The severe Assam and Bihar floods continue to wreak havoc in the states. As of Monday, the deluge has claimed 177 lives. 1.07 crore people are still battling the crisis. The death toll in Bihar has reached 104 while in Assam a total of 66 people have died. Animals have also lost their lives due to excessive rains. In Assam, 204, including 15 rhinos, died in the Kaziranga National Park.
96,890 people are displaced in Assam and are sheltered in 757 relief camps and relief distribution centres set up by district administrations. A total of 2,283 villages and 1.14 lakh hectare agricultural fields are still filled with water in the flood-hit districts.
Areas with maximum flooding in Assam and Bihar
The mighty Brahmaputra River is flowing above the danger level at Neamatighat in Jorhat district and Dhubri district, Jia Bharali at N T Road Crossing in Sonitpur district and Kopili at Dharamtul in Nagaon district of Assam. In Bihar, the number of people affected by the floods has increased to 76.85 lakh. However, the number of people in relief camps has reduced as the water level is receding, according to Disaster Management Department officials.
Relief measures for floods
The National Disaster Response Force (NDRF) and Bihar State Disaster Response Fund personnel are working continuously to carry out relief and rescue operations. They are equipped with a total of 124 boats.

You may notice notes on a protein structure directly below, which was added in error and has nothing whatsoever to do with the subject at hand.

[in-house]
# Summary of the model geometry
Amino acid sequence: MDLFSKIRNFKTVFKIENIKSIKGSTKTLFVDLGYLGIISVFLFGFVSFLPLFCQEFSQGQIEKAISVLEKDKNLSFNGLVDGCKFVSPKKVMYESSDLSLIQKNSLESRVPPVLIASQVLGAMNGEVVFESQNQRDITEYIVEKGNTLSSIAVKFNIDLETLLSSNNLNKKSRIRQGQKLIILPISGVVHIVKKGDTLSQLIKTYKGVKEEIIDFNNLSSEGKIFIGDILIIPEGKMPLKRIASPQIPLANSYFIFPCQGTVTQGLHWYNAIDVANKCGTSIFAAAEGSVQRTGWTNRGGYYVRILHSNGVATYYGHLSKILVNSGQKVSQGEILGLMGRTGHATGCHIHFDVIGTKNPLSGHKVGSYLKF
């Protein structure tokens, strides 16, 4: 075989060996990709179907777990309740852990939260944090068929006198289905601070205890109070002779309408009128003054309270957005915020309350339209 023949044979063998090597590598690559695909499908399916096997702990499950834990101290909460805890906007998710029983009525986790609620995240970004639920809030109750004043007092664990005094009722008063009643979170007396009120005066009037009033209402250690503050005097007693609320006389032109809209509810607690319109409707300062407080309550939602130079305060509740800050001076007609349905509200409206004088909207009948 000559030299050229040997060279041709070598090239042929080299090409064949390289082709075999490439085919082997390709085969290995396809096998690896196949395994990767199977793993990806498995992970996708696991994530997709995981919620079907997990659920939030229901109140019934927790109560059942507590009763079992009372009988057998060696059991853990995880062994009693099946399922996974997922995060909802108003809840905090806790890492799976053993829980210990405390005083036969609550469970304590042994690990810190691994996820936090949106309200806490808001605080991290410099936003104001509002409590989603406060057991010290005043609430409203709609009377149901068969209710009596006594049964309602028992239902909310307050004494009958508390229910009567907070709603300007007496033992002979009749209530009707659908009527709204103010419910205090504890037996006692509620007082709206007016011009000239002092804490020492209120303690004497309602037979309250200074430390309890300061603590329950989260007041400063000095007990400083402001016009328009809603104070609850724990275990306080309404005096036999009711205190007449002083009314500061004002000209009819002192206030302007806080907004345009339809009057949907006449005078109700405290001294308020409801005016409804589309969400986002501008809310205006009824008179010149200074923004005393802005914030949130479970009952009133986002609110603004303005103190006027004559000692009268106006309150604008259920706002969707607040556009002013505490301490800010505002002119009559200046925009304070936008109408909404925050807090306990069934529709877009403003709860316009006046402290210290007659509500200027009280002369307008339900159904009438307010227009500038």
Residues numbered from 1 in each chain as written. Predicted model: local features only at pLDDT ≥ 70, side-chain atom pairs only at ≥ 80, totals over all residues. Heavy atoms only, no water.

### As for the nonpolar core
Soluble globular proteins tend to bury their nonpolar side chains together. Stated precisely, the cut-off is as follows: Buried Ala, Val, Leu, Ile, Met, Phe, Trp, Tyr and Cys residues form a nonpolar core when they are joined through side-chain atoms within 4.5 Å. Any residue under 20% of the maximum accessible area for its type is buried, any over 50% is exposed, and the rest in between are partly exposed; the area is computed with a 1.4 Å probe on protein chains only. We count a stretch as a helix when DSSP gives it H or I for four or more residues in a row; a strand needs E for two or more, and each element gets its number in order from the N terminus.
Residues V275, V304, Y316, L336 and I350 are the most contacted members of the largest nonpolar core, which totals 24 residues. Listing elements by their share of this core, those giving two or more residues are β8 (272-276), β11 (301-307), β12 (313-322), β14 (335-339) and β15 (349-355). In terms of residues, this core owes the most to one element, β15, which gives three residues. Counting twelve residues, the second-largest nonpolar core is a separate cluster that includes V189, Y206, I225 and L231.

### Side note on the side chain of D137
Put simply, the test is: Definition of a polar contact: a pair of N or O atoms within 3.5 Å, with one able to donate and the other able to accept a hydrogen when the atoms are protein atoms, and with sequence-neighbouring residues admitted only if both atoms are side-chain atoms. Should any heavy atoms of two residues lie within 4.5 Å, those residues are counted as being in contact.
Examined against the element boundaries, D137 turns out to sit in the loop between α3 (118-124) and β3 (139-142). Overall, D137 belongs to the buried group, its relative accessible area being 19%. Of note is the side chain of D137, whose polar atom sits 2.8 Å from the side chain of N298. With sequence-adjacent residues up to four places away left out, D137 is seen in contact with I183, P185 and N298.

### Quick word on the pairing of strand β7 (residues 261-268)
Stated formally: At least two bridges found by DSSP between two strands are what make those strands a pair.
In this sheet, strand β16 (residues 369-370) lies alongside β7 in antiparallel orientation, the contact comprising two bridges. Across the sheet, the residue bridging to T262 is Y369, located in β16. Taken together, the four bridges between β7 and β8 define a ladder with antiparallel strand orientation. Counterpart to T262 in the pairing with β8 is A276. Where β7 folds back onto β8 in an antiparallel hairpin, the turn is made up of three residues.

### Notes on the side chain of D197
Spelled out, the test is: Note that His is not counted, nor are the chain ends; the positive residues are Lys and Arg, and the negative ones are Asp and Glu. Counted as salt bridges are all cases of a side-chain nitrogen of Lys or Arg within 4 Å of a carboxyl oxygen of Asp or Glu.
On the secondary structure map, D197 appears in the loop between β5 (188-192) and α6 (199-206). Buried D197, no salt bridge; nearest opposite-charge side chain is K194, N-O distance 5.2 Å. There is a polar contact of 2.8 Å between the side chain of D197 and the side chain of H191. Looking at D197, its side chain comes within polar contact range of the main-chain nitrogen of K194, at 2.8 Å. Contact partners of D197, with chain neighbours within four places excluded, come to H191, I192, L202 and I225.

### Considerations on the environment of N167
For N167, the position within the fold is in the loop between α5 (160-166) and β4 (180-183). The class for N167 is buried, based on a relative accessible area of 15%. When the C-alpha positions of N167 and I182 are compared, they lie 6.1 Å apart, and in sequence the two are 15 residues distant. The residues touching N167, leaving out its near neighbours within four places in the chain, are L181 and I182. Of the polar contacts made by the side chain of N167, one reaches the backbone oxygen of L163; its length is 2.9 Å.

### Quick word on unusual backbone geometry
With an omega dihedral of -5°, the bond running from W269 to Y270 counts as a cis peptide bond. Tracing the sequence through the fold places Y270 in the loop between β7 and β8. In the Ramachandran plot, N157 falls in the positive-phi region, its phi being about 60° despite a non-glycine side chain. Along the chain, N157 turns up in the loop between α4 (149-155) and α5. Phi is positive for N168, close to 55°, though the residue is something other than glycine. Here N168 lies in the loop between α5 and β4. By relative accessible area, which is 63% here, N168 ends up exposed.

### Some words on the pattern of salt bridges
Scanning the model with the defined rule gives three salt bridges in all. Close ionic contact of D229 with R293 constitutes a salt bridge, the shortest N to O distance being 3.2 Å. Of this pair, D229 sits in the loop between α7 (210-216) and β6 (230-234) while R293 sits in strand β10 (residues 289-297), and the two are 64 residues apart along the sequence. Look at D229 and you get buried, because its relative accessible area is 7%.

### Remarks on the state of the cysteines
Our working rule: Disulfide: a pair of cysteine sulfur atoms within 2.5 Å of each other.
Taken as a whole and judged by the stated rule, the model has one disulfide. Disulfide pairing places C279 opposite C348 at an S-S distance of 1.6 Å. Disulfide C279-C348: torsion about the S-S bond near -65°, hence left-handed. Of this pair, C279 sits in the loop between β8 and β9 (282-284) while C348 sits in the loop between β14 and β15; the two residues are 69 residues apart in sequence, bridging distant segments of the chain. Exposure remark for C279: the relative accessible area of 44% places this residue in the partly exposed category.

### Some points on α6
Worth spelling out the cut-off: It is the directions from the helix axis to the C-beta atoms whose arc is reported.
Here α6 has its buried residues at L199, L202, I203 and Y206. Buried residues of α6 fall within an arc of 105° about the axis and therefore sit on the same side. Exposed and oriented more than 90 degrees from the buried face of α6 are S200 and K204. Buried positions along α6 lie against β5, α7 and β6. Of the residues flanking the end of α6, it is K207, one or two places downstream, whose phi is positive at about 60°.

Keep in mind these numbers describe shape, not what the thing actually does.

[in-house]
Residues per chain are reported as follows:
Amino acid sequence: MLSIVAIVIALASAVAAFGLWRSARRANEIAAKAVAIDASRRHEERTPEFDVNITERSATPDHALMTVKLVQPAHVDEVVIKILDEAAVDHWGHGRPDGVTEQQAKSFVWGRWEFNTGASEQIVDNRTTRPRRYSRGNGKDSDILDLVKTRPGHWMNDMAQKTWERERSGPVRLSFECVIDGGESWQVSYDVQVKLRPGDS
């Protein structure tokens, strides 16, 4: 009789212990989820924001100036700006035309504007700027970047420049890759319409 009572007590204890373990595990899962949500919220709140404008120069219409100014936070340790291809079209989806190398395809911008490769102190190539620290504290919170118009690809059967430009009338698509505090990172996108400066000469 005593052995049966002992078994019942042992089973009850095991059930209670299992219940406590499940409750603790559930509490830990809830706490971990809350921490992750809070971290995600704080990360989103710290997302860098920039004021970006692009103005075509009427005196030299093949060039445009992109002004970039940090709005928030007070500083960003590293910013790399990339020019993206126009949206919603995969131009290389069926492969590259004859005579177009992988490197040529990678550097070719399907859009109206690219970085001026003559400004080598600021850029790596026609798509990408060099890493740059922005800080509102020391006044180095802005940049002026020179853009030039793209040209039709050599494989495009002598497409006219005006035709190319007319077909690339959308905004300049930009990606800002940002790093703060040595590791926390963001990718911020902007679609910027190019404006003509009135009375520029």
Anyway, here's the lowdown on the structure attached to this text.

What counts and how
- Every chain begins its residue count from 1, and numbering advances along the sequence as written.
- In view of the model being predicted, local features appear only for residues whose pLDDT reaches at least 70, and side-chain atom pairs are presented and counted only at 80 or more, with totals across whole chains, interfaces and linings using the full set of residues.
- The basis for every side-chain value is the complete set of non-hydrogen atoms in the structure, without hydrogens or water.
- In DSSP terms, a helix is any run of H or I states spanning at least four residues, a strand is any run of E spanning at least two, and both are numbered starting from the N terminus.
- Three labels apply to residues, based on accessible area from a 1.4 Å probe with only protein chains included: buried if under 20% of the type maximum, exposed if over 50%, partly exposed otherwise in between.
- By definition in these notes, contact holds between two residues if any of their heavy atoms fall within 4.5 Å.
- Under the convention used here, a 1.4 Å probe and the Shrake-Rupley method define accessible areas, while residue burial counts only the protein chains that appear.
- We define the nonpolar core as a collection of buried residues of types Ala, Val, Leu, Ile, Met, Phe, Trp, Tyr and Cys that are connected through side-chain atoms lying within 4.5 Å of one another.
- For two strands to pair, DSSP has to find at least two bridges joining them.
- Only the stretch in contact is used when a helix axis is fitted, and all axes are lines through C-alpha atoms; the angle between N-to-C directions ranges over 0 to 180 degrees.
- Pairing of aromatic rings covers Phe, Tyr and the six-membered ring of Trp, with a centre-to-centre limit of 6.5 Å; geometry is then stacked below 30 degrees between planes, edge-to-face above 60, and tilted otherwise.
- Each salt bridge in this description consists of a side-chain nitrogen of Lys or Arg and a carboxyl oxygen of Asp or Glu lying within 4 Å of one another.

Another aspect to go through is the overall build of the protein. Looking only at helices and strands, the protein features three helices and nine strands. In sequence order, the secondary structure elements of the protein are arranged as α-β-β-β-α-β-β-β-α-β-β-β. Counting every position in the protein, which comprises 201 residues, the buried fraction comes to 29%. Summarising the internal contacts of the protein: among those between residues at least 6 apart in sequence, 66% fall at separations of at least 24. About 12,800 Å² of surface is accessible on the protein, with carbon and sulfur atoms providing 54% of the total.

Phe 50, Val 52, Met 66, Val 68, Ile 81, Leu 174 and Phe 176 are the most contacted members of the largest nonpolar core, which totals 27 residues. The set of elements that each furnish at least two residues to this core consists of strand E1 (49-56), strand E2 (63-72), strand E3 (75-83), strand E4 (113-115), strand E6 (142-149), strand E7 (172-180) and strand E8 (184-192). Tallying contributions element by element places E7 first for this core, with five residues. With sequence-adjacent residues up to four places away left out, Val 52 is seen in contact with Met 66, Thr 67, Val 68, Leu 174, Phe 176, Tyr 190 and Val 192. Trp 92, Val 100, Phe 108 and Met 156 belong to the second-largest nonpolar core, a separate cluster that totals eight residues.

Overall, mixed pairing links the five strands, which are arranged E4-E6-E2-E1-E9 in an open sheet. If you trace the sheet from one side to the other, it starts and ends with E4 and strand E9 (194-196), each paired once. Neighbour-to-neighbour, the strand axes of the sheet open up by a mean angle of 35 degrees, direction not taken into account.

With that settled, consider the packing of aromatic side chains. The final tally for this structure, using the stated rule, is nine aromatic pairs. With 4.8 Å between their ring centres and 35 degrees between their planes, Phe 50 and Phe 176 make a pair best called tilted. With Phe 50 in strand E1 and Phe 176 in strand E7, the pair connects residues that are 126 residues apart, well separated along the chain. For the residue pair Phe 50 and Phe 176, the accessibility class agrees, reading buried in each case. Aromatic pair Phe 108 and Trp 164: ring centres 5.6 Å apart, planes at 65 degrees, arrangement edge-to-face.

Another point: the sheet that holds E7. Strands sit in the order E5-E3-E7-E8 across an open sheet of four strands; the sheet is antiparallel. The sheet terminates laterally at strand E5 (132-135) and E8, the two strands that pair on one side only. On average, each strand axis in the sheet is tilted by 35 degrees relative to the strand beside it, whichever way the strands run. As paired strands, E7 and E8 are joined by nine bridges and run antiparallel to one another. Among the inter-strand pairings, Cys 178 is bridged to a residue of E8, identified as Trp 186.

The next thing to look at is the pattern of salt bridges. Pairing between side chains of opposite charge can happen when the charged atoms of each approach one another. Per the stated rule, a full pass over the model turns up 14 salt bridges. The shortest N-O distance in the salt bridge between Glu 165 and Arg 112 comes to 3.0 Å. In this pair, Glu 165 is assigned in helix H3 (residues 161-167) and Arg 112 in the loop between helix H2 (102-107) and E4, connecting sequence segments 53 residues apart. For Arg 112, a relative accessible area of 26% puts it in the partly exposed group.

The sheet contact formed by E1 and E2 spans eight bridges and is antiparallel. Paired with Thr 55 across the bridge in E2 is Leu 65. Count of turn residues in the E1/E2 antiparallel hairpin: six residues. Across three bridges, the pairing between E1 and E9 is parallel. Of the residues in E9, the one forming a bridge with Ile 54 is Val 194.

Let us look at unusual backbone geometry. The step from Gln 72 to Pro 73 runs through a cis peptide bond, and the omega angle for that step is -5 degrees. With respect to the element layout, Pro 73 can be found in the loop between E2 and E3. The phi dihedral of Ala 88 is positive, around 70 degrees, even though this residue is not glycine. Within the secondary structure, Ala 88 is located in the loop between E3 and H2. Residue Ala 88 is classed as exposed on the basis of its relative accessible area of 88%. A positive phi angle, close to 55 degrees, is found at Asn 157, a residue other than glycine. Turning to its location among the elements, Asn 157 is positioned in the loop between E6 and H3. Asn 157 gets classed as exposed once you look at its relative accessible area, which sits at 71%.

Why is Assam flood-prone?
Assam falls prey to excessive floods nearly every year. One of the main reasons for this is that 31.05 lakh hectares of the total 78.523 lakh hectares area of the state is prone to frequent floods. While this is a natural cause, man-made reasons also play a significant role in the intensity of floods. Unregulated release of water from dams flood the plains in Assam. Encroachment in forest lands and water bodies is also another key factor.
Why is Bihar flood-prone?
Bihar is considered India’s most flood-prone state. 76% of the population in the North Bihar live under the recurring threat of flood devastation. The major reasons for the floods in Bihar are deforestation, siltation in river beds and the presence of the Farrakhan barrage. The barrage has led to an increase in flood frequency and magnitude.
Relief measures – What we can do to help
Several relief funds have been commissioned to help people donate money to the flood-hit states. Official government relief funds include Chief Minister’s Relief Fund, Assam and Chief Minister’s Relief Fund, Bihar. NGO’s like Goonj are collecting both money and other essentials like food, clothes and medicines for the people. Other user-based sites like Paytm and Zomato have also taken up the initiative to contribute money and food to the victims.